Application of Topkapi model for runoff estimation and landuse management at Pungu near Navrongo

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The Hydrological Services Department of the Ministry of Water Resources Works and Housing in Ghana is the body mandated to collect, analyse, store and disseminate runoff data on all river networks through the development of hydrological monitoring networks in the country. However, the number of hydrological monitoring networks established in the Volta Basin in Ghana has declined by 48% over the years due to lack of adequate resources to operate and maintain them. Furthermore, only 38% of the networks which are currently still in operation have stage-discharge measurements which are necessary for the generation of runoff data. Significantly, none of the monitoring stations in the basin has thirty years of continuous runoff data which is generally considered to be the basic requirement in most hydrological analysis. Again, to minimize the effects of prolonged dry season on the socio-economic activities, subsistence agriculture, of the people in the Kassena-Nankana District of the Upper East Region, several dams and dug-outs have been constructed to address the problem of water scarcity without a detailed study of the dynamics of rainfall-runoff processes in the area. This study therefore presents the results from field observations and subsequent application of the TOPKAPI model as a tool for filling-in missing runoff data and studying the effects of land use changes on runoff generation in the sub- catchments of the Volta Basin in Ghana. In this study, the distributed TOPKAPI model was calibrated in a small experimental site in the Volta Basin at Pungu near Navrongo in the Kasena-Nakana District of the Upper East Region. The model was calibrated using field observations as input data. The calibrated model was used as a tool to fill-in missing runoff data in the Nabogo catchment, a sub-catchment of the Volta Basin. The model was also used to test different scenarios of land-use changes. With a model efficiency of 0.877, the TOPKAPI model provided reasonable estimates of missing runoff data in the Nabogo catchment in the Volta Basin. Results from the quantitative assessment of the land-use scenarios also show that tillage conservation increases water movement into the soil leading to high percentage of saturation volumes and subsequently declining mean annual runoff. Finally, the model was found to be more sensitive to the channel Manning's roughness coefficient than that of the surface Manning's roughness coefficient.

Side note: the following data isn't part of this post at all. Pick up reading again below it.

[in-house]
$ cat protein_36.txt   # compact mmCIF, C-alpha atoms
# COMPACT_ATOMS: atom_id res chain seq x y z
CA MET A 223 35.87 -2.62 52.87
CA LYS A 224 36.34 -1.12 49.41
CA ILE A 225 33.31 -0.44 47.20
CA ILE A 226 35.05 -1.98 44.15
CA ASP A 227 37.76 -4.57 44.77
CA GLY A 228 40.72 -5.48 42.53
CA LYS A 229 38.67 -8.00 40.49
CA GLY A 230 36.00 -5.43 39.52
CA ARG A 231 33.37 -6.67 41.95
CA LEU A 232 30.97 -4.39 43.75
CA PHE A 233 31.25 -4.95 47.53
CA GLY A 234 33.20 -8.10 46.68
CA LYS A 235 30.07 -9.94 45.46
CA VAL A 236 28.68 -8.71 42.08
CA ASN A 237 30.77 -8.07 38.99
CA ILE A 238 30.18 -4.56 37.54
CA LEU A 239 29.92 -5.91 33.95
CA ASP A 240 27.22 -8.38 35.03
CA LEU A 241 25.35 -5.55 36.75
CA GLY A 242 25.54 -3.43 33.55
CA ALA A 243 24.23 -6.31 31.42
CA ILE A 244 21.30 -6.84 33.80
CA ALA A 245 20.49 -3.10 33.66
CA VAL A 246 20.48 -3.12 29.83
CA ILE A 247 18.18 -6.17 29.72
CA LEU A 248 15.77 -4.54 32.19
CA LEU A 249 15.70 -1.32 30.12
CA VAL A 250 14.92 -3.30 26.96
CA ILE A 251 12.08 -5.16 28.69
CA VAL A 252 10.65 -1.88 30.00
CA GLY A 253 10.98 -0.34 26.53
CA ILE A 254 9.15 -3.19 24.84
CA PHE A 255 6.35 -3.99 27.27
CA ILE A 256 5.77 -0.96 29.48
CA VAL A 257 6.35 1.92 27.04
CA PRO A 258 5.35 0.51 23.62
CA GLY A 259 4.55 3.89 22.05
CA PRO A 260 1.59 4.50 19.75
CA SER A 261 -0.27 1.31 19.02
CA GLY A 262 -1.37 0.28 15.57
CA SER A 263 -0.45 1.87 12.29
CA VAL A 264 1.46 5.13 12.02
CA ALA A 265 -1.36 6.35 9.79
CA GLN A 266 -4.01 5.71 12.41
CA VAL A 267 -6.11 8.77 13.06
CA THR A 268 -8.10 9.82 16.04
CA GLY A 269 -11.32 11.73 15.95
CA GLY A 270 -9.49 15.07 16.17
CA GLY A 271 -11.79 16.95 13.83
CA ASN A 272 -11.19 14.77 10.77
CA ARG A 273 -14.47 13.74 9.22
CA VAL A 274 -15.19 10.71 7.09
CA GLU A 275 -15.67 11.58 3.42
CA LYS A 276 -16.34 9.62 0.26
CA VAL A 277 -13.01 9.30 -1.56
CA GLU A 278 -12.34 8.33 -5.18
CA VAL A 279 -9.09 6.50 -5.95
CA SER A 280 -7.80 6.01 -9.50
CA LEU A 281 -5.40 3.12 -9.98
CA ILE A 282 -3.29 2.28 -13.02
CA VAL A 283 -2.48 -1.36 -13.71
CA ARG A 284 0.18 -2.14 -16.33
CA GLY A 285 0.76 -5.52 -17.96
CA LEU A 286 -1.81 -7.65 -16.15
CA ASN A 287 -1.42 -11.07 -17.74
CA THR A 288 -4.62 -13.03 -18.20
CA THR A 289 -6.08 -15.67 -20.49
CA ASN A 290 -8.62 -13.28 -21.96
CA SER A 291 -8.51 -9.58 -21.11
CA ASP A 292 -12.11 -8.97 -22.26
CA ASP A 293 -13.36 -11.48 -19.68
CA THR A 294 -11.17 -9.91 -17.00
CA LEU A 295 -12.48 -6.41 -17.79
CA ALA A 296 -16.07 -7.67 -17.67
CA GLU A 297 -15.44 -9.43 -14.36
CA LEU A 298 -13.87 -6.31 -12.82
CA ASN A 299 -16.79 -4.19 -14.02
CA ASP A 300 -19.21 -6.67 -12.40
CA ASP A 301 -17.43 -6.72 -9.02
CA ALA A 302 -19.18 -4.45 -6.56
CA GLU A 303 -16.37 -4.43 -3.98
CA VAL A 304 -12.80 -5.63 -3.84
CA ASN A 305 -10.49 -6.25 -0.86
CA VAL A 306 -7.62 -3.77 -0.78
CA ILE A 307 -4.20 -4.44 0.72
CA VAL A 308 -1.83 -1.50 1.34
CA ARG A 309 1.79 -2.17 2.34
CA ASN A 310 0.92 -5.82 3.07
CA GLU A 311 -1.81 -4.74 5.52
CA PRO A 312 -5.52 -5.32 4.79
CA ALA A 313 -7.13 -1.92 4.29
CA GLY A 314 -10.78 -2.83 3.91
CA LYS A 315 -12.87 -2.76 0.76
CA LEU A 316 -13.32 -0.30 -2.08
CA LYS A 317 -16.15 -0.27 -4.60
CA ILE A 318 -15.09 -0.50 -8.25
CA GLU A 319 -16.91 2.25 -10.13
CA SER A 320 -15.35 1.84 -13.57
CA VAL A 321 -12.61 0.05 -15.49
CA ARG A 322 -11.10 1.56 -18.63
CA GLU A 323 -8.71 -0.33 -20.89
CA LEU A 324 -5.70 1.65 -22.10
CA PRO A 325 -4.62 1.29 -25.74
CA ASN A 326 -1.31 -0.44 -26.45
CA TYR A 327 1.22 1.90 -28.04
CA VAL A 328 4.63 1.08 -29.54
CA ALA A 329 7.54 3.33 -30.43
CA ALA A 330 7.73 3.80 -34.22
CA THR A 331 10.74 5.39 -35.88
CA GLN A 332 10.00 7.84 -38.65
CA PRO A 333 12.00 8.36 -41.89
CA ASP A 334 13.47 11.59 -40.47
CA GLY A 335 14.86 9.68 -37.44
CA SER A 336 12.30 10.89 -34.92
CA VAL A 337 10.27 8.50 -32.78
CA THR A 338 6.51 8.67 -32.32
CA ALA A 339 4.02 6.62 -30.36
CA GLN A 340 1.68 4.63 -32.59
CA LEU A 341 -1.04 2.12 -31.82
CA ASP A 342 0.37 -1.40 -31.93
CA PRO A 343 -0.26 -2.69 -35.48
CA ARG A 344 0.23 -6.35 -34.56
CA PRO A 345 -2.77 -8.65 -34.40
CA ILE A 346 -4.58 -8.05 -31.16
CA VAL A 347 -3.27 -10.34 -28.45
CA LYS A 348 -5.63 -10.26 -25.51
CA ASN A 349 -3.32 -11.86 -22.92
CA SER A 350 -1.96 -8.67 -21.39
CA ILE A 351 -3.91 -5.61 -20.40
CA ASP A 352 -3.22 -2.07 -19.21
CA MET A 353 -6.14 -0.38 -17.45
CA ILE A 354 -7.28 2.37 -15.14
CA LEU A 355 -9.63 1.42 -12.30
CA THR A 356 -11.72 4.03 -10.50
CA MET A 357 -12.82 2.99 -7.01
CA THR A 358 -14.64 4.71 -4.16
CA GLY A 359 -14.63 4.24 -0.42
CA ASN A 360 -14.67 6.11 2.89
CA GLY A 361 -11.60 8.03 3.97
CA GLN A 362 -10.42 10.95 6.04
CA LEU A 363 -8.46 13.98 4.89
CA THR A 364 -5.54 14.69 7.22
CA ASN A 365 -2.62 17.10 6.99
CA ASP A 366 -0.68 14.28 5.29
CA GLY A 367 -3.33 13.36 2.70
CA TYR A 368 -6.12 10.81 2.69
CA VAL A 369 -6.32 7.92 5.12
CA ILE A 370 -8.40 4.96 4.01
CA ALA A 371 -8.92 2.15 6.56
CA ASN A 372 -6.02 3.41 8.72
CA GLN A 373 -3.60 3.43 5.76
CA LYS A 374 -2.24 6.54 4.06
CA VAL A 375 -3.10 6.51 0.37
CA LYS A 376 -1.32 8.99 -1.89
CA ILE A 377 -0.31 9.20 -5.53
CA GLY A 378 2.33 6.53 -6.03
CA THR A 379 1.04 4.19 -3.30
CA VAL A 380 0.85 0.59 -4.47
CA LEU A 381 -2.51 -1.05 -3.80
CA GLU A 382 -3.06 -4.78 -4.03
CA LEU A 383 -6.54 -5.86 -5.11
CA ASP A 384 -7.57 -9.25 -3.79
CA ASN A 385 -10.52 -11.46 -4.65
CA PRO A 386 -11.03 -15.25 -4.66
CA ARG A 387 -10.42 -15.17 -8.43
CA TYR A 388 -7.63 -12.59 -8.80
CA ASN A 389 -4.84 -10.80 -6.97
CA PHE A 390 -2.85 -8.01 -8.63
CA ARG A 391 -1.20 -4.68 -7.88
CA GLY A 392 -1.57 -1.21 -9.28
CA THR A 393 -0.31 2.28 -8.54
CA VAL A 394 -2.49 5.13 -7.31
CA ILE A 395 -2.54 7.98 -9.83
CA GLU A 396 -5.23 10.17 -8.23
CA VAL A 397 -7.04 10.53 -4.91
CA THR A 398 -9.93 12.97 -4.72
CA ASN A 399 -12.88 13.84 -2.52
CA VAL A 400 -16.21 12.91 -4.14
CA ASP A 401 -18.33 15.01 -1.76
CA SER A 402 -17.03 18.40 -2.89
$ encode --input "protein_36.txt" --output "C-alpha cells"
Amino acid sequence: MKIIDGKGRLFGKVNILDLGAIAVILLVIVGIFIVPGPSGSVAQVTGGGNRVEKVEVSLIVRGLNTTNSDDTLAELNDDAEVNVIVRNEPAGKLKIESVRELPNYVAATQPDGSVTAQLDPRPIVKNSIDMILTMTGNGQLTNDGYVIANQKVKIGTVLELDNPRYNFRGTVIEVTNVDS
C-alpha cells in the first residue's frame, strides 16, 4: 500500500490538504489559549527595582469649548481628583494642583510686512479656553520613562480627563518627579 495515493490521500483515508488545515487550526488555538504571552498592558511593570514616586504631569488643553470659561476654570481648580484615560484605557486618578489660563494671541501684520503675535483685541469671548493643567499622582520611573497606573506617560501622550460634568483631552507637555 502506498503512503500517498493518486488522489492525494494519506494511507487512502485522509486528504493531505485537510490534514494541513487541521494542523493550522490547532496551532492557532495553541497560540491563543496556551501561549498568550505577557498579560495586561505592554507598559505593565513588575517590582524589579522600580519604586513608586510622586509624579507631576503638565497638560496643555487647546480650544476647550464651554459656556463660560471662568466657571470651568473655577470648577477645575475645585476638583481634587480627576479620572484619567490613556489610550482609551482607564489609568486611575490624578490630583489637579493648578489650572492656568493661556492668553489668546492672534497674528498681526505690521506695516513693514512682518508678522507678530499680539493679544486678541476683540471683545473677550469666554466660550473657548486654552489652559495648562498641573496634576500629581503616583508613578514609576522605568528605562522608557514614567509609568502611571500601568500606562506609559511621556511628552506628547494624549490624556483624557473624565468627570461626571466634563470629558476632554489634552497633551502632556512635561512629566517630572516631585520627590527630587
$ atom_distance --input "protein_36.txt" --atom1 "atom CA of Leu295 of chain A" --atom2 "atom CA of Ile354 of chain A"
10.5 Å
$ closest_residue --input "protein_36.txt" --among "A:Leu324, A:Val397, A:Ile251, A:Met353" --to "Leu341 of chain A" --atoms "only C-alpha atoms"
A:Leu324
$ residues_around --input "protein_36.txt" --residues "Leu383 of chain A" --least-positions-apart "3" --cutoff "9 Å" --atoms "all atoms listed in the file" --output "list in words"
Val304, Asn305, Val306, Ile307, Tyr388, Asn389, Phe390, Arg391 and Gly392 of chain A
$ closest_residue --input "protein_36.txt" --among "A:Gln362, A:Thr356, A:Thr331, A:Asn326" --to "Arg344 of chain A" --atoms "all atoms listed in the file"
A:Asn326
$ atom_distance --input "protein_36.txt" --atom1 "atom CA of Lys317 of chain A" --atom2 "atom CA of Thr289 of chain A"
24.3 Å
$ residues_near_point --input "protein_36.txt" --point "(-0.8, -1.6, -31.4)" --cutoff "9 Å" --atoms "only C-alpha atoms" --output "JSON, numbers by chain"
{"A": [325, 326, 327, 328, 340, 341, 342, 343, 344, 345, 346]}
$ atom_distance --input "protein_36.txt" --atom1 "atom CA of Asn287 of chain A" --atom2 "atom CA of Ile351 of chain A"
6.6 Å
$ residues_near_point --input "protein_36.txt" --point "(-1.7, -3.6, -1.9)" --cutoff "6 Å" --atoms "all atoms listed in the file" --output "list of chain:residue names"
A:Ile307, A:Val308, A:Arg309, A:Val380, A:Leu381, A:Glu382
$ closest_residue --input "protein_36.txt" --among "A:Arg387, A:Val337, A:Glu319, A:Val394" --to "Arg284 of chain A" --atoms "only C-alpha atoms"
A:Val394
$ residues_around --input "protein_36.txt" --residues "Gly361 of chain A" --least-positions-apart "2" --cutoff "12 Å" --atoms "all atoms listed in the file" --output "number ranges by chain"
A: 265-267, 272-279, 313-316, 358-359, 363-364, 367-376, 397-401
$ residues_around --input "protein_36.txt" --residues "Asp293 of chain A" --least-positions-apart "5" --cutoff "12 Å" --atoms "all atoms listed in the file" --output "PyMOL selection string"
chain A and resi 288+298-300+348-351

A Thesis submitted to the Board of Graduate Studies, Kwame Nkrumah University of Science and Technology, in fulfilment of the requirement for the Award of the Degree of Master of Philosophy in Water Resources Engineering and Management.